between features and consumer utility.

The technique stirred few passions until the technology boom of the
1990s. By then, government agencies had realized they needed a better
way to track quality changes in computers and other fast-changing
high-tech goods.

Federal Reserve Chairman Alan Greenspan, testifying before the Senate
Finance Committee in 1995, said that he thought the CPI was biased
upward by as much as 1.5 percentage points. The political response
was immediate: If inflation was lower than supposed, it would be
possible to rein in deficits without cutting spending or raising
taxes. That's because the lower inflation rate would translate into
smaller payments to Social Security recipients and other big-ticket
items for the government.

Shortly thereafter Congress established the Advisory Commission to
Study the Consumer Price Index, better known as the Boskin
Commission. The panel confirmed Mr. Greenspan's view and said about
half the bias was due to product innovations, such as those seen in
computers, which were being overlooked in the CPI. Thus began a push
to apply hedonic techniques more broadly.

Today, the hub of this effort is a warren of beige-walled cubicles at
the Bureau of Labor Statistics a few blocks from the Capitol. Here 40
commodity specialists hunch over reports with 85,000 price quotes
that flow in from around the country every month. The numbers are
gathered by 400 part-time data collectors. They visit stores and note
prices on the items that make up the basket of goods in the CPI,
ranging from ladies' shoes to skim milk to microwave ovens.

One of the biggest challenges in this process is finding substitutes
for products that disappear from store shelves or change so much that
they are hard to recognize from one month to the next. With TVs, for
instance, data collectors find the models they priced the previous
month missing about 19% of the time over the course of a year.

When that happens, the data gatherer goes through a four-page
checklist of features such as screen size and the type of remote
control to find the nearest comparable model. Once this process
identifies a product that appears to be the closest match, the data
gatherer notes its price. The commodity specialists back in
Washington check over these choices and decide whether to accept them.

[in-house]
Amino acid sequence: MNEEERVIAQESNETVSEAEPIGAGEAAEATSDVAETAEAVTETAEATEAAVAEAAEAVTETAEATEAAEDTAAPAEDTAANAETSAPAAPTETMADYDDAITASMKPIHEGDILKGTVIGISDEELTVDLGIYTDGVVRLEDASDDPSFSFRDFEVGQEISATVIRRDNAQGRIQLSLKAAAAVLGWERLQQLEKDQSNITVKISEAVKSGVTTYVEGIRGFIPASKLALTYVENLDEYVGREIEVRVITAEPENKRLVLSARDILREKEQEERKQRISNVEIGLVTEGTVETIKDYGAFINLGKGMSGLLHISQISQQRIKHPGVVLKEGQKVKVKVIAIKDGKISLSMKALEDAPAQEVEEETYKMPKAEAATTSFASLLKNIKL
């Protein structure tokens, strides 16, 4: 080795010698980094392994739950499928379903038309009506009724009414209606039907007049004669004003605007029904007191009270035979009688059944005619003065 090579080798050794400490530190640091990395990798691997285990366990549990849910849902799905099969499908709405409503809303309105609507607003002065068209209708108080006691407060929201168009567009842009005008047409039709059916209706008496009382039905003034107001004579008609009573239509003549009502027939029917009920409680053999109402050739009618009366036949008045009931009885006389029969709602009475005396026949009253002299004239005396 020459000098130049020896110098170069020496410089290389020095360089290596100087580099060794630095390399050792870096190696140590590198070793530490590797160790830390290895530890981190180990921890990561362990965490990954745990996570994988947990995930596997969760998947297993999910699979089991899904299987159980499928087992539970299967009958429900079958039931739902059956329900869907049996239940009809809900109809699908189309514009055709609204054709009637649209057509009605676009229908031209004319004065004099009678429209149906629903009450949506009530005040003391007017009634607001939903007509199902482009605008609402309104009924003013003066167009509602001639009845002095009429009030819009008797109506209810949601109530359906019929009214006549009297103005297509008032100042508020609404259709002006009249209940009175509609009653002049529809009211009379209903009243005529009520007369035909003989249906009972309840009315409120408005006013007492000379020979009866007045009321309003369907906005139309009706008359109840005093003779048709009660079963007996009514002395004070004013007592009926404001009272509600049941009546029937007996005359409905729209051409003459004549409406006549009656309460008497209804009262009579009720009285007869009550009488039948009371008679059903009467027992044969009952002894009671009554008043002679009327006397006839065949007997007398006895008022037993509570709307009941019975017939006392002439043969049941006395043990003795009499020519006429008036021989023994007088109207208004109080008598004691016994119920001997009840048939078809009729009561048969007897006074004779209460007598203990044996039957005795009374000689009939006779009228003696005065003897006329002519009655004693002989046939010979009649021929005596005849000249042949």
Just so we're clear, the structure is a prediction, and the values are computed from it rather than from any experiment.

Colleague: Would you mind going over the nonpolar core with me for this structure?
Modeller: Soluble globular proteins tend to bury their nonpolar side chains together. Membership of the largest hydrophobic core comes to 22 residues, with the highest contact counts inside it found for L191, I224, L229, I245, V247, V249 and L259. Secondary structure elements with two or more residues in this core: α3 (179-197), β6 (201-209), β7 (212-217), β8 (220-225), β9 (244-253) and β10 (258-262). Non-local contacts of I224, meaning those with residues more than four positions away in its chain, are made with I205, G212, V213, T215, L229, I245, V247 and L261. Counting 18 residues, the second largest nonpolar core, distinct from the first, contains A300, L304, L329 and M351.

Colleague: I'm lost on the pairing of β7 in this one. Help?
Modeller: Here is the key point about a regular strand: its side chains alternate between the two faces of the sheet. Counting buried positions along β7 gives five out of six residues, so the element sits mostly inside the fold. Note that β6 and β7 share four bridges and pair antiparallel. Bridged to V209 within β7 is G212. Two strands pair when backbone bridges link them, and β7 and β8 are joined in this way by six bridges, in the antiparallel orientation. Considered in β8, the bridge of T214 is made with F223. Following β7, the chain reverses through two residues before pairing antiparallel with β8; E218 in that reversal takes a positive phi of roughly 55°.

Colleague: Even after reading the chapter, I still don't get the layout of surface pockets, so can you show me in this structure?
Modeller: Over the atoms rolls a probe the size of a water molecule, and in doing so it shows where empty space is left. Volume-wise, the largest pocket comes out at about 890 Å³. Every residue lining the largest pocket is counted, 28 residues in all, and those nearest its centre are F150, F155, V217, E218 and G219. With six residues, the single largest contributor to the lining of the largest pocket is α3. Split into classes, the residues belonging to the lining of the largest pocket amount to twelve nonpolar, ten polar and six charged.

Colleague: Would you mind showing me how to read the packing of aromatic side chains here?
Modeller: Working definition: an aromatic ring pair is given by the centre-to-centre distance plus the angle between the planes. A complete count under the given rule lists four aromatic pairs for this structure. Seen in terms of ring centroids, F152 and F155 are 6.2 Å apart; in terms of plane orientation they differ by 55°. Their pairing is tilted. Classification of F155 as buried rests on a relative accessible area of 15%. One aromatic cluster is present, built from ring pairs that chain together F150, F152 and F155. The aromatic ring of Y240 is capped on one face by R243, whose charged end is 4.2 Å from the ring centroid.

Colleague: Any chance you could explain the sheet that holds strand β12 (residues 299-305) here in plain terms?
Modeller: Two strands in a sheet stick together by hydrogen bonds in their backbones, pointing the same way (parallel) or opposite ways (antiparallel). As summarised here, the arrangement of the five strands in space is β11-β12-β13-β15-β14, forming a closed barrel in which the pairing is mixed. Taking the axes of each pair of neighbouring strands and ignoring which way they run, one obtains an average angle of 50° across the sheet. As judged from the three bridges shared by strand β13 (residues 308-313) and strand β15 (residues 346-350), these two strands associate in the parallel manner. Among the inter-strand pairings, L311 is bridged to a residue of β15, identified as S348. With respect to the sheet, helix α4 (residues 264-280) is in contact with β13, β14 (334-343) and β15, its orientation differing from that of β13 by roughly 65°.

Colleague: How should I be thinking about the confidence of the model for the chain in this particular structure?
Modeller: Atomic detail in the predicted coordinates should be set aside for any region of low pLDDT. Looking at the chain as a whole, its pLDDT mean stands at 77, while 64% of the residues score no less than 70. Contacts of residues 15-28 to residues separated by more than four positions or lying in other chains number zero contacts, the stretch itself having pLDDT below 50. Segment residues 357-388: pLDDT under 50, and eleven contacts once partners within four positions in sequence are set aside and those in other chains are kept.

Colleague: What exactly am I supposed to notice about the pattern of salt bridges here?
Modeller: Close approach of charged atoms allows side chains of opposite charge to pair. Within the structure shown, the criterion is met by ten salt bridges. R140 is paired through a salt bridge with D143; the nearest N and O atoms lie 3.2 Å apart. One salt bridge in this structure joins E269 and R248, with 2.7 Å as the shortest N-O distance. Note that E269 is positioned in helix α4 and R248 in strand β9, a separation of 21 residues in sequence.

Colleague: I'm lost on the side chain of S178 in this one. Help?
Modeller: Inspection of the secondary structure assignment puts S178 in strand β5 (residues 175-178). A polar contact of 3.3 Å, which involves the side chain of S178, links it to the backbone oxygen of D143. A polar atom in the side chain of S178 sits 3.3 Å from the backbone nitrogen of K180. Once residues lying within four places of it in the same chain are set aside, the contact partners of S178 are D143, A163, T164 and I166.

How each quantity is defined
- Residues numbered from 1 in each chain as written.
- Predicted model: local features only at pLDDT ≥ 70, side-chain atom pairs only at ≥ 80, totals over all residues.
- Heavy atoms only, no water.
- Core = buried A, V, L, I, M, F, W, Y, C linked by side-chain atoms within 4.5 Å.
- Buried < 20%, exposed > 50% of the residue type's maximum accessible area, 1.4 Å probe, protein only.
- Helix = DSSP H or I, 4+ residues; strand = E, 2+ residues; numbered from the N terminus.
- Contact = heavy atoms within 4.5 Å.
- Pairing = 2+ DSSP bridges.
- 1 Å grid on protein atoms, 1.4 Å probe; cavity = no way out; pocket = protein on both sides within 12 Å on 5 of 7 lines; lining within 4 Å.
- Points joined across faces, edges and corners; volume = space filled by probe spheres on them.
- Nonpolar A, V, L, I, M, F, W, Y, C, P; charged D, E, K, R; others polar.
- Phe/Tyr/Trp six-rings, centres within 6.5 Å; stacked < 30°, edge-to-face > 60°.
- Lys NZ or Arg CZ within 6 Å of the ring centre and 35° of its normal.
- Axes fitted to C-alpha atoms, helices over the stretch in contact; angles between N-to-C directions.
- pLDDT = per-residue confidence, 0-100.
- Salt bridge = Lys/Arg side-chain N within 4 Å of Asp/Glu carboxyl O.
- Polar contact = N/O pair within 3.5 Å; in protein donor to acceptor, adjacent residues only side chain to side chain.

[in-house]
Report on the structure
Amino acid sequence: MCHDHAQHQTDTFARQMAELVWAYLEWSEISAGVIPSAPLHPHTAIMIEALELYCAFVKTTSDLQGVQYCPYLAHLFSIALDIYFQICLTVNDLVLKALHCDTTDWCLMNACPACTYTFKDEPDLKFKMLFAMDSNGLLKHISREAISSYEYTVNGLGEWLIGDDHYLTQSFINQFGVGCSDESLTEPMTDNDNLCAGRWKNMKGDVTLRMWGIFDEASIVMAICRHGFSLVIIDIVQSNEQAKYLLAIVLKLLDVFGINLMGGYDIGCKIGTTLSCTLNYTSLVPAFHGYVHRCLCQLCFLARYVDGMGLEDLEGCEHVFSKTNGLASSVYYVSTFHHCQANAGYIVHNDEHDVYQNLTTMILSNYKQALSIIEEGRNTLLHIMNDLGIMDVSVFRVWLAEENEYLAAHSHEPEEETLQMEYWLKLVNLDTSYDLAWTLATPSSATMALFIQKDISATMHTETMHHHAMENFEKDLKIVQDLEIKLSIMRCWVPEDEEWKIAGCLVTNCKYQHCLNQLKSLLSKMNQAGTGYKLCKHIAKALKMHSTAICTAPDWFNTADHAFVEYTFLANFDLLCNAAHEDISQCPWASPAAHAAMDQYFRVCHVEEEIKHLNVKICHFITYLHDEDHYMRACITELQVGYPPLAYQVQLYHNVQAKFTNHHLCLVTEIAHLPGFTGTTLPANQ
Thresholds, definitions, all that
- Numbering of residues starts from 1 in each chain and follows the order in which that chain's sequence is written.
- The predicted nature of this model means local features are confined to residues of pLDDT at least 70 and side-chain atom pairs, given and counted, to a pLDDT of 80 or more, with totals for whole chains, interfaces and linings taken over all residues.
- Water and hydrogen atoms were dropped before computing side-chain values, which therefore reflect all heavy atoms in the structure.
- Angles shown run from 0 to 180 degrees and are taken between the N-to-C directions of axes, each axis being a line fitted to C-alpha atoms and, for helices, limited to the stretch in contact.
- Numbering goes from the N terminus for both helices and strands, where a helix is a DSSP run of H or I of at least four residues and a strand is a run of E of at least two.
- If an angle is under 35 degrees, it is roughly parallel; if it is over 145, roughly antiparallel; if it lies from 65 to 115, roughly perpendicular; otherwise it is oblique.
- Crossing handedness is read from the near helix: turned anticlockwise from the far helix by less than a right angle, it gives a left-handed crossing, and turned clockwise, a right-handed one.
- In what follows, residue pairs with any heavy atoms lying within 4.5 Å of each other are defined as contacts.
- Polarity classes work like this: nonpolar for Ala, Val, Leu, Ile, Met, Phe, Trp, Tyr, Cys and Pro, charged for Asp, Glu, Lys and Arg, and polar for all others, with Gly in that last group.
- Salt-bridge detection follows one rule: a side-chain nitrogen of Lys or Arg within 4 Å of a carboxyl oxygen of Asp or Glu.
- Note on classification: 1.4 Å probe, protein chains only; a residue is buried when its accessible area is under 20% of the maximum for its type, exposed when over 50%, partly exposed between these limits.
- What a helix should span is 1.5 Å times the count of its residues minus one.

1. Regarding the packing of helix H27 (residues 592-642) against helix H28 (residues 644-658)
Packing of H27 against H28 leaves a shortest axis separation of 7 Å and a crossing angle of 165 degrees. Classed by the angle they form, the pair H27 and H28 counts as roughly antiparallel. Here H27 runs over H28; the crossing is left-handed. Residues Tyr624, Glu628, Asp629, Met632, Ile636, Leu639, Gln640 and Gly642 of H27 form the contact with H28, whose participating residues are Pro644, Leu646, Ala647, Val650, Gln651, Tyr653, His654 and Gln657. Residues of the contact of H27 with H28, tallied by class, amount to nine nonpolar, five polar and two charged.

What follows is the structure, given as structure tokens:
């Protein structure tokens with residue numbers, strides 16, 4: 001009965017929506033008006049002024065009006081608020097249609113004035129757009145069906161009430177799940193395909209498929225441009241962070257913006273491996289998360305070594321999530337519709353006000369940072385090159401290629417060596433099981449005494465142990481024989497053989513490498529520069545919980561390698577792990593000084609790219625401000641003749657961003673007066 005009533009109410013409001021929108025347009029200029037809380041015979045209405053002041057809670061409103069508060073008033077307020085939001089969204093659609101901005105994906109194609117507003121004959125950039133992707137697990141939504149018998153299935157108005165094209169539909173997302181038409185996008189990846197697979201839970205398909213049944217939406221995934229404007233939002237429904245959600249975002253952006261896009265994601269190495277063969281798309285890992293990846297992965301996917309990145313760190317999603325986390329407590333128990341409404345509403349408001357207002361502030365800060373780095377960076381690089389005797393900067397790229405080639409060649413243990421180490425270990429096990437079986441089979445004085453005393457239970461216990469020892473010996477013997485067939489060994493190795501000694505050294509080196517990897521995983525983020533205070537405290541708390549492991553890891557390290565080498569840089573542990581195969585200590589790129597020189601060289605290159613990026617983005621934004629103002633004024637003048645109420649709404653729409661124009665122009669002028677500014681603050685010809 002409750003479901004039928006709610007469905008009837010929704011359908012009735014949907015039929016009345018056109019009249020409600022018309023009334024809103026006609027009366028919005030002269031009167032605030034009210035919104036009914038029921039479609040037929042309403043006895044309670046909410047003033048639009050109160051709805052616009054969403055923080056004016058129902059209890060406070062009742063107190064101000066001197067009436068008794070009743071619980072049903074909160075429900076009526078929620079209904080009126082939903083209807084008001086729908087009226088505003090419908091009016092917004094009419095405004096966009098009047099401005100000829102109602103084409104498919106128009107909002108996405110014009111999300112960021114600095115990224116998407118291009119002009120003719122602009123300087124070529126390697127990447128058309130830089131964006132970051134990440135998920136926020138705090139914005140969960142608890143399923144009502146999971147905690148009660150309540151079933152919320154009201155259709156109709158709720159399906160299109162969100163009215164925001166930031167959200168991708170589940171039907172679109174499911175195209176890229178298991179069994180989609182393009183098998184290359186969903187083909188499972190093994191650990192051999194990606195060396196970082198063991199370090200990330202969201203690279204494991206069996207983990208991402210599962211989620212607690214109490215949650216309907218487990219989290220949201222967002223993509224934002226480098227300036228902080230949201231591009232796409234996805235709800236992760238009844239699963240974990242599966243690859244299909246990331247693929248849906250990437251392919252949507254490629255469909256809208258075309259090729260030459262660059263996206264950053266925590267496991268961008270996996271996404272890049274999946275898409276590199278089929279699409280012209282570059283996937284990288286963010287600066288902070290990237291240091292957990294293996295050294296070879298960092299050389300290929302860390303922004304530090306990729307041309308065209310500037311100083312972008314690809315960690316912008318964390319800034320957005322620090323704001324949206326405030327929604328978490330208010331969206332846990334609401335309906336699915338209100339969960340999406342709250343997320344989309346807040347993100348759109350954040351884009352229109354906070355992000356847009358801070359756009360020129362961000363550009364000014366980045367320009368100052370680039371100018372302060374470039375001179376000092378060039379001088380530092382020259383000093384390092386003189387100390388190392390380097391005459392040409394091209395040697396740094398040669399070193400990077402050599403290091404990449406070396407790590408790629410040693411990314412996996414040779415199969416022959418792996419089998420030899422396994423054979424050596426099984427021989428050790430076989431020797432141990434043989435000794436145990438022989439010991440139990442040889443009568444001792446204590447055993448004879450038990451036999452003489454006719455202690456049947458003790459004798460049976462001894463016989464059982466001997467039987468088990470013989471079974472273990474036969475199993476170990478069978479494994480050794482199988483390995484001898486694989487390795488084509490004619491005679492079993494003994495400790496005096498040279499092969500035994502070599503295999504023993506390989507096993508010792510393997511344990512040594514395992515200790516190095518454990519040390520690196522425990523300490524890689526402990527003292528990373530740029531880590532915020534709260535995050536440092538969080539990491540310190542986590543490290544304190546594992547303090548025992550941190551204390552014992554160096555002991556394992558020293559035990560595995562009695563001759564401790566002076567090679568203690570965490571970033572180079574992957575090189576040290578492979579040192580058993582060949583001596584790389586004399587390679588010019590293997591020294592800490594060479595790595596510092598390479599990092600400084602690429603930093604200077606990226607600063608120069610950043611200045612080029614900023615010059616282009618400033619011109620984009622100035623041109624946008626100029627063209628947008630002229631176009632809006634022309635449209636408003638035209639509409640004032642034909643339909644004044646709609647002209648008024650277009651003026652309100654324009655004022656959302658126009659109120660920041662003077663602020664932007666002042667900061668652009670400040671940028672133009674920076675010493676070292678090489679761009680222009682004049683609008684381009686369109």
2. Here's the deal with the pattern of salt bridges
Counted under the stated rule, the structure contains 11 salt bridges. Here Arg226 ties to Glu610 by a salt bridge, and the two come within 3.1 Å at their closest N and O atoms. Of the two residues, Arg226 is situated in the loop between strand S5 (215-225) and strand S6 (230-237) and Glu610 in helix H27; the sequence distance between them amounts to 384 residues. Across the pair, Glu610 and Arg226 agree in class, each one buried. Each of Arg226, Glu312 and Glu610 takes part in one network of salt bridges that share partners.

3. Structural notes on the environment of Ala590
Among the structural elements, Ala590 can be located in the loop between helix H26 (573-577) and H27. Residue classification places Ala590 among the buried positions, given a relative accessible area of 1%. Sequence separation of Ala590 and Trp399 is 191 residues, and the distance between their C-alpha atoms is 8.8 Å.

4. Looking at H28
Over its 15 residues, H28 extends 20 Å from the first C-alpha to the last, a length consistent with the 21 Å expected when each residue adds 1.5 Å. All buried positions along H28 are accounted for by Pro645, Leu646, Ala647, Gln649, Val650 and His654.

Mr. Harless at Atlantic Asset Management says all these judgment
calls add up to a process that is far too subjective. The CPI "takes
something you can't really measure and applies a metric to it in ways
that are arbitrary," he says. "There ought to be some kind of warning
label on inflation numbers that are derived from hedonic pricing."

David Johnson, the economist who heads the CPI program at the bureau,
says, "There's no doubt the analyst has to make decisions about
what's comparable and what's not, and where adjustments should be
made, but we try to use the data from all the markets to make that

Many price adjustments in the CPI are straightforward: When candy
bars get smaller, but are sold for the same price, the CPI reflects
that as a price increase.

Todd Reese, the commodity specialist for autos, says he doesn't need
hedonics to extrapolate the value of quality changes, because auto
makers present him with a list of changes to the car and the
corresponding prices. Still, Mr. Reese must make some tough calls as
he does his job. For instance, he recently considered a 2005 model in
which the sticker price went from $17,890 to $18,490. The
manufacturer cited an extra cost of $230 to make antilock brakes
standard, while it said it saved $5 by dropping the cassette portion
of the CD player.

The bureau accepted both those items, so the ostensible price
increase shrank by $225.

But the car maker also told Mr. Reese it wanted to subtract $30 from
the price increase for the cost of putting audio controls on the
steering wheel, allowing drivers to change channels without reaching
for the radio dial. "We didn't allow that claim," says Mr. Reese. "We
didn't judge that to be a functional change."

The most visible and controversial application of hedonics in the CPI
has been in computers, where hedonics sharply accelerated price
declines starting in the late 1990s. Recently, the bureau has quietly
stopped using hedonics in computers.

Mr. Johnson, the CPI economist, says the change, which took effect in
September 2003, was mainly driven by "timeliness" issues. With
computers changing so rapidly, the agency found it difficult to keep
its hedonic models up-to-date. At the same time, he says, the
components of home computers have increasingly become commodities,
making it far easier to price the various parts separately, such as
memory or screen size, by going straight to manufacturer sources that
list those prices.

The decision to stop using hedonics on computers in the CPI, which
hasn't been publicized, came in the wake of a 2002 report by the
National Science Foundation's Committee on National Statistics. The
report concluded that hedonics may be one of the most promising ways
of dealing with quality changes, but the agency should be more
cautious in adopting it.

"The controversy is really about a small category of electronic
goods," says the CPI's Mr. Johnson. Rapid quality advances in
everything from DVD players to microwave ovens means that hedonics
does, in fact, have the effect of pushing down that part of the
index, he says. However, electronics accounts for less than 1% of the
overall index.

Meanwhile, the statistics bureau is continuing to look for new ways
to apply hedonics. As part of its research, the agency recently
selected 10 random items, including laundry detergent, to study as
potential new areas to apply hedonics.